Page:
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The time taken to complete the 3D content processing and memory load are very much dependant on the data passed in, and the parameters and options specified.
If you're experiencing long processing times, or significant memory load, then there are usually a number of things that can be done to improve the situation.
Using a timing progress callback object, i.e. one that logs progress reports with time stamps, is a good way to quickly get an idea about what is going on at the top level of the 3D processing operation, and which of the following optimisation points is likely to apply most to a given situation.
BSP generation for polygon soup data can be very significantly more expensive then for an equivalent scene that is represented in solid form.
If you have a low detail representation of the objects in a scene
(e.g. for 3D collision, or level of detail rendering) then use these
instead of the full detail rendering geometry.
(Example code for building directly from some popular 3rd party physics engines can be found here).
If you don't have a low detail representation then there are a number of tools
available (both free and commercial) for generating low detail representation from
high detail rendering geometry.
Note that, as far as PathEngine's 3D content processing is concerned, things like texture coordinates, lighting, and so on are not an issue, so this simplifies the geometry reduction problem.
If there is a significant amount of geometry in a scene which will never be reached by pathfinding agents then it can be worth marking this geometry as excluded from PathEngine 3D content processing.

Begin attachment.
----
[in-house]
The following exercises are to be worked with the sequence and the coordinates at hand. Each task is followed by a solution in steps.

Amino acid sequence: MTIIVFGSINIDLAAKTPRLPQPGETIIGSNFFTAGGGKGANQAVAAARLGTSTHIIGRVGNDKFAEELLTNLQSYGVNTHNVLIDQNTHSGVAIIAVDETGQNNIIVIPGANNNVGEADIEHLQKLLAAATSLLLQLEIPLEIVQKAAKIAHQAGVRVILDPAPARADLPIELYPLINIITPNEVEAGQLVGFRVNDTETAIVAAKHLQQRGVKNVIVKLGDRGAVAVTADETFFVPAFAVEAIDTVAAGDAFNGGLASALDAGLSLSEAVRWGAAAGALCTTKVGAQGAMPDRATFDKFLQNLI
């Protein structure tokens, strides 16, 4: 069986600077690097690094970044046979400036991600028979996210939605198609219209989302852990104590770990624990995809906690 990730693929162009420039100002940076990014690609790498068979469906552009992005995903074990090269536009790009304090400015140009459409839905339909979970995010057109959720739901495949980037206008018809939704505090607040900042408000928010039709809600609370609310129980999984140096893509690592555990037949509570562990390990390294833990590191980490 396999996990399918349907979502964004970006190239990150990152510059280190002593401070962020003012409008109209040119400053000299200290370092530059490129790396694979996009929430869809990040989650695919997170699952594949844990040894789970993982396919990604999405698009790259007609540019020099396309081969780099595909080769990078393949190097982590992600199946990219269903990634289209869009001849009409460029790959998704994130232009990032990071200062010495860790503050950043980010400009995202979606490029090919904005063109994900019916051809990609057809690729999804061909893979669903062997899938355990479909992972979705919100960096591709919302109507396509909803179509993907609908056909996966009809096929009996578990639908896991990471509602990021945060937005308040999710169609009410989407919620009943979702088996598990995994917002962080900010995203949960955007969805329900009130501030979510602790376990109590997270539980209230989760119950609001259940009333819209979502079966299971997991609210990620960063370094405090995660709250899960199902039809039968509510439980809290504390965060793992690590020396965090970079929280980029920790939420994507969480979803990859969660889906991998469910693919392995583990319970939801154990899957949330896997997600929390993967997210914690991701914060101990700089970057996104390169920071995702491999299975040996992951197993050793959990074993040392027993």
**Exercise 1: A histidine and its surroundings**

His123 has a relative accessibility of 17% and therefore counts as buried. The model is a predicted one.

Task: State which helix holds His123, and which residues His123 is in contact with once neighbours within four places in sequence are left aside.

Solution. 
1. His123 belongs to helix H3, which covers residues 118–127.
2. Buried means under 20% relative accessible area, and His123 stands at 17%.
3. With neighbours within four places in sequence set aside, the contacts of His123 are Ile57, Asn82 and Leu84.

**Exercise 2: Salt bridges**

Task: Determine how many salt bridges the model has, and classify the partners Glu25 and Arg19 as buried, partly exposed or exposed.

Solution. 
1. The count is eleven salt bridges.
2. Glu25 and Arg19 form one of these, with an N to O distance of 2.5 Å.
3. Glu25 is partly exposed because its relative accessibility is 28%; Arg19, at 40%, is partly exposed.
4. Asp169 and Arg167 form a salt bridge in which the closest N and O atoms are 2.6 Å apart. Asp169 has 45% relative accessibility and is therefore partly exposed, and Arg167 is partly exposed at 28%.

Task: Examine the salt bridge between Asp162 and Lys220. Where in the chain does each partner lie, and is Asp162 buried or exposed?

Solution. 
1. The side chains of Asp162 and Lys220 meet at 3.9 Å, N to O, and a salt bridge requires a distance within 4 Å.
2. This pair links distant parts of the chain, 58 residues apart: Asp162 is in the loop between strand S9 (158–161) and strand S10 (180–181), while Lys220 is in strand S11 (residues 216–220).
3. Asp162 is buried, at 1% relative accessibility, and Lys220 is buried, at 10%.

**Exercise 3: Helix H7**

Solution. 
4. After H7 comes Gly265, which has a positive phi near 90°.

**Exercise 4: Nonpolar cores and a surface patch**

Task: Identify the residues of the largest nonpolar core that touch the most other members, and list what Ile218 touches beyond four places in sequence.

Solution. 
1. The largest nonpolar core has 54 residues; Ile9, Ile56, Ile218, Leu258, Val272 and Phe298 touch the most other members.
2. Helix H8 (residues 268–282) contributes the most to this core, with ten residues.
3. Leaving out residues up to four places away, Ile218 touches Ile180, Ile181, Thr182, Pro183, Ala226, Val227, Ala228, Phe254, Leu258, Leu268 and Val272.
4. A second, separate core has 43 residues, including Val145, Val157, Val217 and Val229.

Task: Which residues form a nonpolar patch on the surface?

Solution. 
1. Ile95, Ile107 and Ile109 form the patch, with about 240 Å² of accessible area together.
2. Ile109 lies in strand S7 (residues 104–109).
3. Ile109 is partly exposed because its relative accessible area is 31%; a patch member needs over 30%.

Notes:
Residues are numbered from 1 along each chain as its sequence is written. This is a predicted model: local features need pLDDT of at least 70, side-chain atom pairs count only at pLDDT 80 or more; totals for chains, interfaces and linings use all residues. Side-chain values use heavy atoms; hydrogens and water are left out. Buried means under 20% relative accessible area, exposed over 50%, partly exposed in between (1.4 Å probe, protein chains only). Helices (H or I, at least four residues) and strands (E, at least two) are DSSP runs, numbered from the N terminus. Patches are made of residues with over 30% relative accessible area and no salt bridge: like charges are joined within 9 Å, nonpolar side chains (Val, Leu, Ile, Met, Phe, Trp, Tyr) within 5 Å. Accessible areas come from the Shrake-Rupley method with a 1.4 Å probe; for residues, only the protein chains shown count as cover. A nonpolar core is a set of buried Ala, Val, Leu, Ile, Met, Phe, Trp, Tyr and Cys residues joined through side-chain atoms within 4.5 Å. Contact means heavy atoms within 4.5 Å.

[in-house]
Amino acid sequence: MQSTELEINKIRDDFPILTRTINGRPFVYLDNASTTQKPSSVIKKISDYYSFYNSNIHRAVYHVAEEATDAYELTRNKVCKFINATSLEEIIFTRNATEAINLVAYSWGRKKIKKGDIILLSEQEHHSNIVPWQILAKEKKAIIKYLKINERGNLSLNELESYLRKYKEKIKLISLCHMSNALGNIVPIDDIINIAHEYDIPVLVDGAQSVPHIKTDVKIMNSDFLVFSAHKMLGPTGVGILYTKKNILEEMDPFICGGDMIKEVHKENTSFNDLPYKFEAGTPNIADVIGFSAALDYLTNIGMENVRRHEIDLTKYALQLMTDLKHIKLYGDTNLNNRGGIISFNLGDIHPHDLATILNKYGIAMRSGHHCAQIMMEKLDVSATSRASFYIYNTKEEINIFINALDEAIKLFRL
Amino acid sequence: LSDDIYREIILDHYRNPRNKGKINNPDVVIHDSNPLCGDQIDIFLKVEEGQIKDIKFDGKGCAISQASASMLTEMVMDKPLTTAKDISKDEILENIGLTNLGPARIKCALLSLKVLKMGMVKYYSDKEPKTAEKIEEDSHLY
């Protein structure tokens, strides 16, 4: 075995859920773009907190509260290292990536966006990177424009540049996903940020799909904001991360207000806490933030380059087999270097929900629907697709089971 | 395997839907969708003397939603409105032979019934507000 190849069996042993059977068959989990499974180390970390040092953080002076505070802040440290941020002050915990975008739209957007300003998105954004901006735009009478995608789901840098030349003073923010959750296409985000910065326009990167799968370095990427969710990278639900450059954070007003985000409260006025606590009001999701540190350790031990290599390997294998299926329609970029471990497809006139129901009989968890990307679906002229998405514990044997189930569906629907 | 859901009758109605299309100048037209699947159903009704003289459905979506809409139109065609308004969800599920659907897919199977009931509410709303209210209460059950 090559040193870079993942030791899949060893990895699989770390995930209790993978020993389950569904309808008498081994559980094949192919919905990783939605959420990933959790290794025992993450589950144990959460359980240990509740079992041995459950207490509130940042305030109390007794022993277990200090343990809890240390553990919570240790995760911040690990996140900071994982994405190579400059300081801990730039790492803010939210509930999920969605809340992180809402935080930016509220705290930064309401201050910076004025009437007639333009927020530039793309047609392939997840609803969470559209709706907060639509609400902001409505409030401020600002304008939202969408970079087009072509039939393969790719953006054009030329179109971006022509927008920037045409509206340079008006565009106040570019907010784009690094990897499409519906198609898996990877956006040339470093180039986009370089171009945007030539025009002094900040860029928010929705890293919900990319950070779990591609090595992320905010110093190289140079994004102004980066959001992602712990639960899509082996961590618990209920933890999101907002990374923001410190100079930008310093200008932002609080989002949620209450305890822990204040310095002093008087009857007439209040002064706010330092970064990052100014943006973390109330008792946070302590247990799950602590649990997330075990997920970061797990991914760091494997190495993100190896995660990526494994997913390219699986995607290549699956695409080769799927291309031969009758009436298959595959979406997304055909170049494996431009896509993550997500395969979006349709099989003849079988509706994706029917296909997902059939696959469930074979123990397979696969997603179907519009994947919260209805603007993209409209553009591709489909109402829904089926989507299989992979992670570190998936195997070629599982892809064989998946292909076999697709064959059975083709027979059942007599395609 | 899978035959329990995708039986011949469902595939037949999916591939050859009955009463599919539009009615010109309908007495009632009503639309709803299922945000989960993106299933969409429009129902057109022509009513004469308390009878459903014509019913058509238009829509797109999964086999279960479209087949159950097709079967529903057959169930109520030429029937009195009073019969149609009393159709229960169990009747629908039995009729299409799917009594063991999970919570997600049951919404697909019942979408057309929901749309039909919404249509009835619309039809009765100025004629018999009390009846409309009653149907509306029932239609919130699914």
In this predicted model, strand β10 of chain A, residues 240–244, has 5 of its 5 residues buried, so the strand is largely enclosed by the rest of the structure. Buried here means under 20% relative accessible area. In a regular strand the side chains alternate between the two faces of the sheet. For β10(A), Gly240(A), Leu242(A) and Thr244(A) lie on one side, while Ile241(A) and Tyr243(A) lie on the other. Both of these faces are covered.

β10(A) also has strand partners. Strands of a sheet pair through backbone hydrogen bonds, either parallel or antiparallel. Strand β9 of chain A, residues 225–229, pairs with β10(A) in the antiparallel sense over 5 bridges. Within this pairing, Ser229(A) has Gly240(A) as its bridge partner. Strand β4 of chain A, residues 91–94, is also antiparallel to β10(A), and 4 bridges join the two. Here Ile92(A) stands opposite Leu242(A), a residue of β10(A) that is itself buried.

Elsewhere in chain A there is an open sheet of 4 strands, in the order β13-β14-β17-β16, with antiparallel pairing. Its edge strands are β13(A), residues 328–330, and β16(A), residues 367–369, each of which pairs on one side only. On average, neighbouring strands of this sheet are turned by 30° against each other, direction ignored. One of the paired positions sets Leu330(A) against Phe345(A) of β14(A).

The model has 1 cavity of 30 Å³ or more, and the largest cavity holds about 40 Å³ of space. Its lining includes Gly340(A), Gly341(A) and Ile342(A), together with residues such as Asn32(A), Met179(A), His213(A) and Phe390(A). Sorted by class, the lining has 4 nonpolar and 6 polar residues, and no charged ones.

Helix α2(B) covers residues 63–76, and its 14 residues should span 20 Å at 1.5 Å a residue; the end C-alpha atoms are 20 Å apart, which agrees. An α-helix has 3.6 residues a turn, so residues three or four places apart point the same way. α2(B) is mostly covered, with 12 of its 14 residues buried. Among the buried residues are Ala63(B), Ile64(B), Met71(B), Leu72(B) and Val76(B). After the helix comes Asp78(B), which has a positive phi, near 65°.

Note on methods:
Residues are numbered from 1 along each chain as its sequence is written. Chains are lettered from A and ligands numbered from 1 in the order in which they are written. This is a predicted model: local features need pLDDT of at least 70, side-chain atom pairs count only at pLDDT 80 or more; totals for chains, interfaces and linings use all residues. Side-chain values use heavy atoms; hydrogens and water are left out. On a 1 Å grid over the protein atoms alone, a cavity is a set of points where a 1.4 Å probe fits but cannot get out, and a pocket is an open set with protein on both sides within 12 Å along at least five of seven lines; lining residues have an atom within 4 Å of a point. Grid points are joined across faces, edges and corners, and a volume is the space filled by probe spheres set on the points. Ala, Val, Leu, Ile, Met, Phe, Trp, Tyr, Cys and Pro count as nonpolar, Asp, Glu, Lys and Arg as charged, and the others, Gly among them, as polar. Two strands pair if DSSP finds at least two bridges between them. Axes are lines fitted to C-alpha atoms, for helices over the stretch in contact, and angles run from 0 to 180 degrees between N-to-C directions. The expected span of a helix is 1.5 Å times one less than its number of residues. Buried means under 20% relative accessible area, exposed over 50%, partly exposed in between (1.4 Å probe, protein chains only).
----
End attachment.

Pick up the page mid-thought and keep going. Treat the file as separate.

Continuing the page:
When a progress callback is passed in, the update function for this callback can be called a large number of times, so it is important to ensure that this function is fast.
Timing 3D processing for the same source content data with and without the progress callback is a quick way to determine if this is an issue.
The key factor in processing times with the voxel process is voxel size.
Larger voxel sizes can mean significantly faster processing.
If you need to increase voxel size it is important to be aware that this can have the effect of closing things like narrow doorways in the ground mesh result.
One way to counter this can then be to also reduce the pathfinding agent shape used at run-time.
Subdividing large areas of ground can be a performance hog, in some situations,
in particular where there are large ground areas to be processed.
If possible, ensure that the 'stripTerrainHeightDetail' is also being specified, and attributes for terrain regions are being specified correctly.
Processing large scenes can require a significant working set,
and if the OS needs to start swapping to disk then this can start to
slow things down significantly.
If you need to process large scenes then it's a good idea to ensure that the machines being used for the content processing have a decent amount of RAM.
Whenever large worlds need to be processed, splitting these up into tiles
This limits the maximum memory load to per tile complexity rather than whole world complexity, makes the process as a whole scale essentially linearly with respect to world size, and enables incremental and parallel per tile processing.
Wrapping scene elements is generally a good thing, particularly for the BSP processing, but in certain situations where very large numbers of vertices are being passed in for convex solid generation this part of the process can then potentially become a bottleneck, itself.
A good way to work around this issue (if this happens) is to pre-process point sets per object type,
This basically gives you a minimal set of hull points that can be transformed around for individual placed object instance convex solid definitions, eliminating the need for any per-placed-object large point-set processing.
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